- David Danley, who worked with Ivins at Fort Detrick to develop a new anthrax vaccine for almost 10 years until 2003, says he has a hard time believing Ivins could be the anthrax killer. He remembers a cute gesture he would make to his daughter when they would see Ivins at their church. “My daughter was involved in a little theater in Frederick,” Danley said. “And whenever she was in a musical, she would walk into church, and [Ivins] would be at the piano. And he would start playing a tune from the musical she was in … just as a quiet sort of hello.”
- Two military scientists who had worked closely with Ivins on projects for years, who spoke on condition of anonymity, said yesterday they were stunned and angry that he was being depicted as a suspect in the attacks without hard evidence being released by the FBI.
- “Nobody thinks Bruce did it,” said one scientist. He described Ivins as “socially awkward” but he “certainly wasn’t a recluse or a hermit.” He added, “He was kind of a geeky scientist.”
- Dr. Kenneth Hedlund, who worked with Bruce Ivins at Fort Detrick, says he thinks the government needed a scapegoat. He says the FBI was under a lot of pressure after paying nearly $6 million to Steven Hatfill — another researcher who had been under suspicion in the anthrax attacks. “Unfortunately, Bruce Ivins was a good guy — he was probably more vulnerable, and with the pressure they applied to him, they forced him to this position,” Hedlund remembers the scientist as an outgoing, friendly man who juggled at parties.
Hedlund says he feels sorry for Ivins’ wife and children, and he is bothered by what he calls the government’s rush to say the problem is solved. “It’s a damn shame that they’ve chosen him as a fall guy, and I think they’ve chosen him as a fall guy because he was too human,” Hedlund says.
- Another colleague said, “I’ve talked to several friends, and we’re all just really sad and shocked. I hate to see him painted as a person who could’ve done this.”
- The official statement issued by USAMRIID said “The agency mourns the loss of Dr. Bruce Ivins, who served the institute for more than 35 years as a civilian microbiologist.” Time magazine commented: “That seems like an unusual thing to say if you believe one of your employees had something to do with an anthrax attack. It now remains incumbent on the FBI to reveal what information it had linking Ivins to the attacks. Given the federal government’s record on the anthrax investigation, and the national security interests involved, Ivins’ death should not be used as an excuse for the case to be closed without a full, public airing.”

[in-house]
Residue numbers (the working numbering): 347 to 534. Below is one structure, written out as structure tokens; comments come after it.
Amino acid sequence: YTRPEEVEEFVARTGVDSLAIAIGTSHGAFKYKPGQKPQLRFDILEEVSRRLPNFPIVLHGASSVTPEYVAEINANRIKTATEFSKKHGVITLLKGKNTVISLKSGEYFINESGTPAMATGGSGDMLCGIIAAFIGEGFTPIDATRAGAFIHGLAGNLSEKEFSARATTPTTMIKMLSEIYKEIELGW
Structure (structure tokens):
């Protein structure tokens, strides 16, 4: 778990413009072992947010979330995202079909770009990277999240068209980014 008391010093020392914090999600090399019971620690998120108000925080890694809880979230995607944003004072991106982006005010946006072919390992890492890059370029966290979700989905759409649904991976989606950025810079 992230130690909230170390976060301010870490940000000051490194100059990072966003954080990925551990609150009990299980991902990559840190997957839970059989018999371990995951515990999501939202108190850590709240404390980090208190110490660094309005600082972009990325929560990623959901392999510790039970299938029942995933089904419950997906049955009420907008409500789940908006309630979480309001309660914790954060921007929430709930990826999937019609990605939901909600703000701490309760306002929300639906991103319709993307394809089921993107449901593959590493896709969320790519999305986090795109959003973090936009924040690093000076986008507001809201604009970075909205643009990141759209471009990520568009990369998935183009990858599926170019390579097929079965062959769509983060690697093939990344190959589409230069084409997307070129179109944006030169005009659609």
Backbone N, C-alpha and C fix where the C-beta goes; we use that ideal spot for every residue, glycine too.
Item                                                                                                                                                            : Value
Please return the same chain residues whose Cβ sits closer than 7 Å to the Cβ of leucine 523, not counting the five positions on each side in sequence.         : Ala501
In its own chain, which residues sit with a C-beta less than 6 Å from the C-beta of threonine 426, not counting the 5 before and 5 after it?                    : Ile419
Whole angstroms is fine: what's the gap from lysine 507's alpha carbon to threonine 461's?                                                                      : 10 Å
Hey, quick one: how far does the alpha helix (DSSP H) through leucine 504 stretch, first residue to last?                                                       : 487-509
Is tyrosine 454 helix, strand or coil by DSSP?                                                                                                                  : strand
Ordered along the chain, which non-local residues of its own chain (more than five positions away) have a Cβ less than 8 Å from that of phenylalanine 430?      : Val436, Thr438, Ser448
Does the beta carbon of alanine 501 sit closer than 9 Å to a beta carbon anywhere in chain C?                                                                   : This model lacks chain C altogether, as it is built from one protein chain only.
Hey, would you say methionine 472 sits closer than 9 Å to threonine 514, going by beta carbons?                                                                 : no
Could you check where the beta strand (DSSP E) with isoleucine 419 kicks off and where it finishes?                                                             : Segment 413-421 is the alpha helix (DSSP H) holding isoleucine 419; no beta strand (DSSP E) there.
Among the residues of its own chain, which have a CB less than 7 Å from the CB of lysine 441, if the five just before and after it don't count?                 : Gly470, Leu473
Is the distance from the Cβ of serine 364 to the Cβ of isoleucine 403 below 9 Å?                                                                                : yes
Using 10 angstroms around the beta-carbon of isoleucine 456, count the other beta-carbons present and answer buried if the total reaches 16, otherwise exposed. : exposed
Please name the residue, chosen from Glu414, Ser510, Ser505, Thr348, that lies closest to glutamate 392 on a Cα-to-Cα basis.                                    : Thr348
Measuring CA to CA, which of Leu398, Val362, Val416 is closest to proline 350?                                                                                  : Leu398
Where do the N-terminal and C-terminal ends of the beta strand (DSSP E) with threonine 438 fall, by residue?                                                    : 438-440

- Several of Ivins’ neighbors said they believe the government had the wrong man — and suggest that perhaps the real killer is still out there.
- “I feel so badly for his family,” said Duggan, an adult-education worker who has lived next to the Ivinses since they bought the 1,500-square-foot house in 1990. It was just the opposite, she said. Whenever she saw him on the street, he would wave heartily and they would chat. She said he walked regularly, perhaps to help his bad back. When she needed a chain saw for some yard work, Ivins showed up and did the job. “Bruce was the kind of neighbor that anyone would want to have,” Duggan said.
- Ivins was the son of a Princeton-educated pharmacist, and one of his ancestors had opened a pharmacy in town in 1893, in Lebanon, Ohio. His family had deep roots in the small town near Cincinnati.
It is apparent to many who truly knew Dr. Ivins — as well as many who didn’t — that the official story, as painted by the FBI and the Department of Justice, has so far failed to accomplish more than weaving a case built on innuendo and unsubtantitated allegations. Below, we offer a corrected and more comprehenisive version of the story than has been offered in the official version. The version you will read below begins with some background, then details a total of 11 counterpoints to the case against Dr. Ivins, following a somewhat surreptitious, but relevent, sequence of events that began after September 11, 2001, when all the world was reeling in a shell-shock of horror. All the world, that is, except for the henchmen in the Bush Administration. There was work to be done….
A Constitution to Dismantle
…beginning with the September 13th passage of Senate Amendment #1562, — the “Combatting Terrorism Act of 2001,” which, in effect, gave our government license to brand me a terrorist and to wiretap my phone and computer, based solely on the above paragraph I just wrote. And it gave them license to do so, based solely on the say-so of, say, the local Barney Fife.
In the wake of 9-11, the pressure was understandably immense on Capitol Hill to create strong anti-terrorism legislation. But a different sort of pressure was felt by at least one lawmaker on the Hill — to not trample the Constitution in the panic over 9-11. While Attorney General Ashcroft was urging speedy passage of wire-tapping legislation, Senator Patrick Leahy urged calm deliberation. “I worry that we may run into the situation,” Leahy said, “where all of us have joined together in our horror at these despicable, murderous acts in New York and at the Pentagon–we do not want to change our laws so that it comes back to bite us later on.”